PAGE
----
COVID-19 Update from the Global CIO
The thought of an invisible enemy that spreads easily and carries a non-trivial mortality rate sends shivers down most people’s spine. COVID-19 has been such an enemy and is slowing down the global economy with people moving into hiding. We have not witnessed a global health emergency of this magnitude since the Spanish Flu pandemic in 1918.
The financial predicament we are dealing with has elements similar to the 1987 crash, the 1998 economic fallout stemming from the failure of Long Term Capital Management (LTCM), the terrorist attacks of 9/11 in 2001 and the Global Financial Crisis of 2008. Like the 1987 crash, stock markets are falling at a breathtaking pace. In 1987, portfolio insurance schemes added fuel to the fire on the downside and today, constant volatility and risk parity approaches act in a similar fashion by shedding positions as volatility increases. Like the 1998 LTCM fallout, highly levered funds are forced to sell into an illiquid market. Like 9/11, the enemy is unknown and breeds fear and uncertainty with people scared to travel. Like 2008, markets are frozen and liquidity is very limited because good collateral is lacking in an environment of fear, uncertainty and solvency threats.
We can be optimistic that the effects of the virus will pass and life will go back to normal at some point. The key question is when. Chinese society seems to be on a path to normality after a complete economic halt for 6 weeks. Odds are it will be longer for the rest of the world, though maybe not significantly longer.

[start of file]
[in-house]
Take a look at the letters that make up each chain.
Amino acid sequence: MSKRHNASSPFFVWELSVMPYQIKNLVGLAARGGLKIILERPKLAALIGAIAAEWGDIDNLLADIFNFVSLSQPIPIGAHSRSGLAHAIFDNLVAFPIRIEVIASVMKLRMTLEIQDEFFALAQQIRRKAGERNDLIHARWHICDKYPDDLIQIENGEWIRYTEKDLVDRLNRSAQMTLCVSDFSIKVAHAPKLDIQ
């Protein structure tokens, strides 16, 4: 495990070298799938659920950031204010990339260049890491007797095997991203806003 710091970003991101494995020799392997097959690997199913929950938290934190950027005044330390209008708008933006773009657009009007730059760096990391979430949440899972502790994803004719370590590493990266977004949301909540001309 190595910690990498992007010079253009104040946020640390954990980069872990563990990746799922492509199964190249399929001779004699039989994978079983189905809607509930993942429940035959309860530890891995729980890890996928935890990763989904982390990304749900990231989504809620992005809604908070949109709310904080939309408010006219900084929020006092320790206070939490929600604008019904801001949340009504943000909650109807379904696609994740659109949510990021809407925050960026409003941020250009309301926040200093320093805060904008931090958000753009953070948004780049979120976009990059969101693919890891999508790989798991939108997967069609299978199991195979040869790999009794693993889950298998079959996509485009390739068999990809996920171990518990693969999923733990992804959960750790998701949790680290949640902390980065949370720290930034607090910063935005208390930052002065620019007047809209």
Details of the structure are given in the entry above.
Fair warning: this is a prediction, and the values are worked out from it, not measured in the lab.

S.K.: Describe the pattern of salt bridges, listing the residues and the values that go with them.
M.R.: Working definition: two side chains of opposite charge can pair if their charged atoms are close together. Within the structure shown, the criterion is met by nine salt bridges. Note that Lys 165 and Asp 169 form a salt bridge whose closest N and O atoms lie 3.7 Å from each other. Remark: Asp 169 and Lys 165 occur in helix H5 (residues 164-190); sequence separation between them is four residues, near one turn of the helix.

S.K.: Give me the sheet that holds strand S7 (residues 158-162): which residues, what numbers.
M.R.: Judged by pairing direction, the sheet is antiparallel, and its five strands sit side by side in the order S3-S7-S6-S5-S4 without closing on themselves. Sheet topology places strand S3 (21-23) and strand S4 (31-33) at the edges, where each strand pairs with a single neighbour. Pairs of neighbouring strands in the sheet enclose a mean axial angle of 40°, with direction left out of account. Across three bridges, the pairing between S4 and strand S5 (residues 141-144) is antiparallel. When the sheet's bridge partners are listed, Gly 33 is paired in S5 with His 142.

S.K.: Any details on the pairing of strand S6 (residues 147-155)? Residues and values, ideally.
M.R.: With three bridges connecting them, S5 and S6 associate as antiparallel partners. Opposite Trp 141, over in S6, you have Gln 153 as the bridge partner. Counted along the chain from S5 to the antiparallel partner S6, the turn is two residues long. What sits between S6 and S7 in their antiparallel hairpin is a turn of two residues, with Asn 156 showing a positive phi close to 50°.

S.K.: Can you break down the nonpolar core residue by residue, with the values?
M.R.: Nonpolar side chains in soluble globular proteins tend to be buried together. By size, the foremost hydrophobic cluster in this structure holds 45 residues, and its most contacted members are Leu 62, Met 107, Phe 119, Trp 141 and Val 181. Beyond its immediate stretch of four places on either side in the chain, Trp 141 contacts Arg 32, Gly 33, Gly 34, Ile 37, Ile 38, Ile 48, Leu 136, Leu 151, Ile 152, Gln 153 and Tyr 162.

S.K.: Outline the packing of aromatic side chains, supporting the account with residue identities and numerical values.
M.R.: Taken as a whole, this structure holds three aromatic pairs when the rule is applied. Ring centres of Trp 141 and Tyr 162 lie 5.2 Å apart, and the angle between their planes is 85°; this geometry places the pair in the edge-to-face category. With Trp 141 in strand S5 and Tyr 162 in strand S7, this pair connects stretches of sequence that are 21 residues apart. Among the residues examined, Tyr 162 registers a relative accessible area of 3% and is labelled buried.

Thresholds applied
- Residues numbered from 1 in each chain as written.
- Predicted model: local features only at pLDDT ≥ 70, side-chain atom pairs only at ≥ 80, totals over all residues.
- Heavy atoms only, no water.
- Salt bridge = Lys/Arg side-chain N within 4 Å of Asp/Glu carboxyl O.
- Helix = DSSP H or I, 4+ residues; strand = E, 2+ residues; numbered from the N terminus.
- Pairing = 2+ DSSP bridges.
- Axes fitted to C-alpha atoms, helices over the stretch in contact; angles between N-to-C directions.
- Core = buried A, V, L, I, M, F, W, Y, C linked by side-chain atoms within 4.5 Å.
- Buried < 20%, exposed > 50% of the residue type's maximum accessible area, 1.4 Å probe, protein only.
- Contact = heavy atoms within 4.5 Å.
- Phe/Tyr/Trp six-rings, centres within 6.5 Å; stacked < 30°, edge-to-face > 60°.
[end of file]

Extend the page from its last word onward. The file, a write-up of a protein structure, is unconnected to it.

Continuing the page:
We can also be optimistic that the authorities have learned how to reduce the pain of crises like 1987, 1998, 2001 and 2008 with central banks that act fast and provide liquidity. The solvency aspect, similar to 2008, is what keeps credit markets frozen. We are seeing the initial signs of fiscal plans to temporarily plug the cash flow hole from inactivity in the economy to reduce solvency risks. This can only be temporary and has limits. The key question that remains is how long inactivity will be required to stop the propagation of the virus or when will we find an adequate remedy for people to be confident enough to go back to work and for society to return to normal.
Markets currently appear to be pricing a slowdown in the economy. The medium-term repercussions are difficult to ascertain but we should remain confident that the economic machine may be down but not out.
For now, we are not making changes to our tactical asset allocation position because uncertainty prevails and the cost of trading is excessive but we will be looking to adapt to the environment as events occur.
François Bourdon, FCIA, FSA, CFA, PRM
Global Chief Investment Officer
Fiera Capital Corporation
Fiera Capital Corporation is a global asset management firm with affiliates in various jurisdictions (collectively, “Fiera Capital”). The information and opinions expressed herein relate to Fiera Capital’s investment advisory services and investment funds and are provided for informational purposes only. It is subject to change and should not be relied upon as the basis of any investment or disposition decisions. While not exhaustive in nature, these Important Disclosures provide important information about Fiera Capital and its services and are intended to be read and understood in association with all materials available on Fiera Capital’s websites.